I don't live in America, I live in Belgium. And I'm very glad to live here.


Well, simply because the things I've heard, read and seen about America don't really attract me to the land of the "free". In fact, from what (mostly American) people tell me, America is anything but the land of the free. 

I know that America has some problems with general healthcare or social security or something (I'm not really strong in all that kind of stuff, but it does sound bad), and that a lot of politicians in America are straight out liars and cheaters.

Sure, Belgium has a very bad political situation at the moment, we haven't had a government for 6 months now, but still it's better than the USA in my opinion.

I still have a lot of questions about America, and I thought -since most of you are American I suppose- I should ask you guys here. So here I go.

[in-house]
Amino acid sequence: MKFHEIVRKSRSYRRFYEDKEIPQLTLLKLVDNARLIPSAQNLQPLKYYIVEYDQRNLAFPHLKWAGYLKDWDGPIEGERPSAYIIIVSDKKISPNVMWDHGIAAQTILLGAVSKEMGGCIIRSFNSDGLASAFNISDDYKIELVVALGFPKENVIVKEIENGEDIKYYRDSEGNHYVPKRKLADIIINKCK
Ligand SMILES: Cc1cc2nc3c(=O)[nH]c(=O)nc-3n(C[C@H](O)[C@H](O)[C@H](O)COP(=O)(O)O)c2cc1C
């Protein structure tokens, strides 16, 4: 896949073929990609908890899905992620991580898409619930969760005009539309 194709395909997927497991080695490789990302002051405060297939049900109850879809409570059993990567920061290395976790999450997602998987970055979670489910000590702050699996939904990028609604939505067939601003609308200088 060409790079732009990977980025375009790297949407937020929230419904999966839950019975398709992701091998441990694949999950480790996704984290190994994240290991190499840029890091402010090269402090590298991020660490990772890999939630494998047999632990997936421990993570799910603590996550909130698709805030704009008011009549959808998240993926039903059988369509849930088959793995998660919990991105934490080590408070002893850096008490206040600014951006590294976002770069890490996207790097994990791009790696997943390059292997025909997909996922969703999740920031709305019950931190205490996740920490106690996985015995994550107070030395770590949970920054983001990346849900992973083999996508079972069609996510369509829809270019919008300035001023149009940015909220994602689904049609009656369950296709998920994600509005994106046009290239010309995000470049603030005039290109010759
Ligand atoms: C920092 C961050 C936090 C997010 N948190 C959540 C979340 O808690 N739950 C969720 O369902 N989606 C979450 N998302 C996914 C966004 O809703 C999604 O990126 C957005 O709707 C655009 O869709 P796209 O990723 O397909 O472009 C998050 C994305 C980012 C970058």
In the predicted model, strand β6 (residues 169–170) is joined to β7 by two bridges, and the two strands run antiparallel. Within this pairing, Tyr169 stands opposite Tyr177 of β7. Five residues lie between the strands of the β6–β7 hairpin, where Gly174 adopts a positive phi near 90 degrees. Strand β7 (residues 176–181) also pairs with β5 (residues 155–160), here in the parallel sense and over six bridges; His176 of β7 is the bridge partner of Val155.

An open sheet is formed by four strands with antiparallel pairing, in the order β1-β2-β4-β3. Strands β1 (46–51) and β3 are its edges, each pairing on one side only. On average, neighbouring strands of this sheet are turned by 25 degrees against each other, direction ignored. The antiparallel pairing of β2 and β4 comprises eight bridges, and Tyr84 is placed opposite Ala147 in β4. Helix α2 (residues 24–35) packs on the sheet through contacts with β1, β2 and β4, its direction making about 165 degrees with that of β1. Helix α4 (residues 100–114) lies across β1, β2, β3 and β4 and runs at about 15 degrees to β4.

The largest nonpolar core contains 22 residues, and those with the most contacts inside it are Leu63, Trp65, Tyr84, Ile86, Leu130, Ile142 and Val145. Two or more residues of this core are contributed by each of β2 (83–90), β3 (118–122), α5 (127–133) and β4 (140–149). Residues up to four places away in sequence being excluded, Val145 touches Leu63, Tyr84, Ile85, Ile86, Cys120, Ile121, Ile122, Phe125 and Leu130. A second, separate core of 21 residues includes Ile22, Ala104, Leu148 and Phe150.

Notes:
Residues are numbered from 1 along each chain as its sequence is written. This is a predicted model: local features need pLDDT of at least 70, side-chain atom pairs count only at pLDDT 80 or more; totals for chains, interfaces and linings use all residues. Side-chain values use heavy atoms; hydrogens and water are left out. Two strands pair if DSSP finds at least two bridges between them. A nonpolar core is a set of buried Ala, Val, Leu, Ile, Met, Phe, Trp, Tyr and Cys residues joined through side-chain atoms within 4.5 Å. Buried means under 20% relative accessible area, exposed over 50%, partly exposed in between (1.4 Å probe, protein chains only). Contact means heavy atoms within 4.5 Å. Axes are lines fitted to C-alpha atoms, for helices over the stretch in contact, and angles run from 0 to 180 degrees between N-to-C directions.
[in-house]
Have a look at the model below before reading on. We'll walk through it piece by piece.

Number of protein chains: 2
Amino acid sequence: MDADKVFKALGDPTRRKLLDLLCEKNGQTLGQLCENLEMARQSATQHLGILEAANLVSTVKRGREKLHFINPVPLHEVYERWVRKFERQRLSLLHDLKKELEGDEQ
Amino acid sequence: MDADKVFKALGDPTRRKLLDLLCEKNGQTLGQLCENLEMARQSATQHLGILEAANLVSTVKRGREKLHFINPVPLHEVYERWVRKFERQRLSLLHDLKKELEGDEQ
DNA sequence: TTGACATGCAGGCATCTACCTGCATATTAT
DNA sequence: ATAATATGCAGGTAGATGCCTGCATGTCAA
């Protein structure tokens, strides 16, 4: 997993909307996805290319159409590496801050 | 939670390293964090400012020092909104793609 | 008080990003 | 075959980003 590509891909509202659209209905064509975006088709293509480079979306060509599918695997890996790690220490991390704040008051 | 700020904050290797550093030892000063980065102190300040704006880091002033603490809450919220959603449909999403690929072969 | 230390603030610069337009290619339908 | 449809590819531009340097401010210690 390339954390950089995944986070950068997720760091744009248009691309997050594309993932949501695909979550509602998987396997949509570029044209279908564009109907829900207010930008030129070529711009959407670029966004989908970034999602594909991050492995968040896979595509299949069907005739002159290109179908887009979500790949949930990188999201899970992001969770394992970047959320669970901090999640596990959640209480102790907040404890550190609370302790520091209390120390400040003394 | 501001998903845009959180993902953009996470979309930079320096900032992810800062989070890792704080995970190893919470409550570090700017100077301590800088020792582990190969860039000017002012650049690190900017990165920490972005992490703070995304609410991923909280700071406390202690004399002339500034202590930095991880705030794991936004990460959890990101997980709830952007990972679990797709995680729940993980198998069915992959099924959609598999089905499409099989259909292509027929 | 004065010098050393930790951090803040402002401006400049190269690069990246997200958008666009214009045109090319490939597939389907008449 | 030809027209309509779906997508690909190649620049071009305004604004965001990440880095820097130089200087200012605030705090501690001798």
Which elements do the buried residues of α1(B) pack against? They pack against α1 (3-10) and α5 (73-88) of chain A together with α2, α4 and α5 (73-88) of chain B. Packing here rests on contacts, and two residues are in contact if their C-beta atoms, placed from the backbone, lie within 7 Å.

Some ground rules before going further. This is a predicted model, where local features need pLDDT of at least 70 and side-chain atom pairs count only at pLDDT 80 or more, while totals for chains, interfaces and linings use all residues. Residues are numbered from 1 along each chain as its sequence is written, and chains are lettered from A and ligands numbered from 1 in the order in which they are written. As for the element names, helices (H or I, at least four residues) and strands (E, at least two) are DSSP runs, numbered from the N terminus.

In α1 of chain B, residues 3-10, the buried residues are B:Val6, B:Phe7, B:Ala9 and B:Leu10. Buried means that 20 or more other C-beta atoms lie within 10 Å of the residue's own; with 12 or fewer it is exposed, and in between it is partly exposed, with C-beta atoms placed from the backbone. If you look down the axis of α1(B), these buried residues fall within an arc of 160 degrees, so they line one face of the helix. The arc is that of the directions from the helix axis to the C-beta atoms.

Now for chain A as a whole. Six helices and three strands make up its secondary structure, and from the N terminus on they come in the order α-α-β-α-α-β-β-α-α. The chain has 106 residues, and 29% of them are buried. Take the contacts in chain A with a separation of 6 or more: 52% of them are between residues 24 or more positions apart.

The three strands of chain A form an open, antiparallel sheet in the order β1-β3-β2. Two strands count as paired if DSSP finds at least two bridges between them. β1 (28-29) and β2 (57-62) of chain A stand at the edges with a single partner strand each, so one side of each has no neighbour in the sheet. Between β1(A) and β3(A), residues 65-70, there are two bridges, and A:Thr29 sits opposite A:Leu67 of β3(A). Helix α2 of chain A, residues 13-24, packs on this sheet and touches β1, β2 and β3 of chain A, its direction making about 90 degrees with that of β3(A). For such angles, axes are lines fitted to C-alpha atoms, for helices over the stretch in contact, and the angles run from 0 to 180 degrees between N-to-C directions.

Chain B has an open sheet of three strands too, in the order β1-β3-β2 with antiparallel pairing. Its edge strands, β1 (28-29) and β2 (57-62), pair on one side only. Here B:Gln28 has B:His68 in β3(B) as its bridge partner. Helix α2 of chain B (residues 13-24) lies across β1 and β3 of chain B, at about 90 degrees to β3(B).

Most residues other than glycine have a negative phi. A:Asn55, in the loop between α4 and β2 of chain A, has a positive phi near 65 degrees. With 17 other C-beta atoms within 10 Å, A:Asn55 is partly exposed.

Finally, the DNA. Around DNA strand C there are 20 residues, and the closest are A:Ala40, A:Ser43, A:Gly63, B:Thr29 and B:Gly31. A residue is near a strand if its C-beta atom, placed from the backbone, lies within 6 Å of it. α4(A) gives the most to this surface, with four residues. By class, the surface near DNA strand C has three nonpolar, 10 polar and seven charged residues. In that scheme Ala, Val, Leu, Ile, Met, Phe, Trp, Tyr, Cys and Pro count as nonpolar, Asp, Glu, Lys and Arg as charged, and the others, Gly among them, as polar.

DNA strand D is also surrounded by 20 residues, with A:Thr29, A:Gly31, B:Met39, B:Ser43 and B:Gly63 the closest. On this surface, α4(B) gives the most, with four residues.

- Is it true that a big part of America is strongly against gay people and immigrants?

- What exactly is going on with that healthcare/social security thing?

- Do you guys notice any religious overshadowing?

- How is your economy?

and last but not least:

- What reasons would you give me to persuade me to come to America on holiday?


PS: forgive my poor English. =/

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Being a Canadian married to an American, I would have to say that there are certain areas of the US that are better than others for atheists, free thinkers, and such.  The central bible belt, and many of the southern states are not necessarily "friendly" to anyone that does not believe in the same dogma they do. ( I know this from experience, my husband is black, and I am white.--and we are both atheists)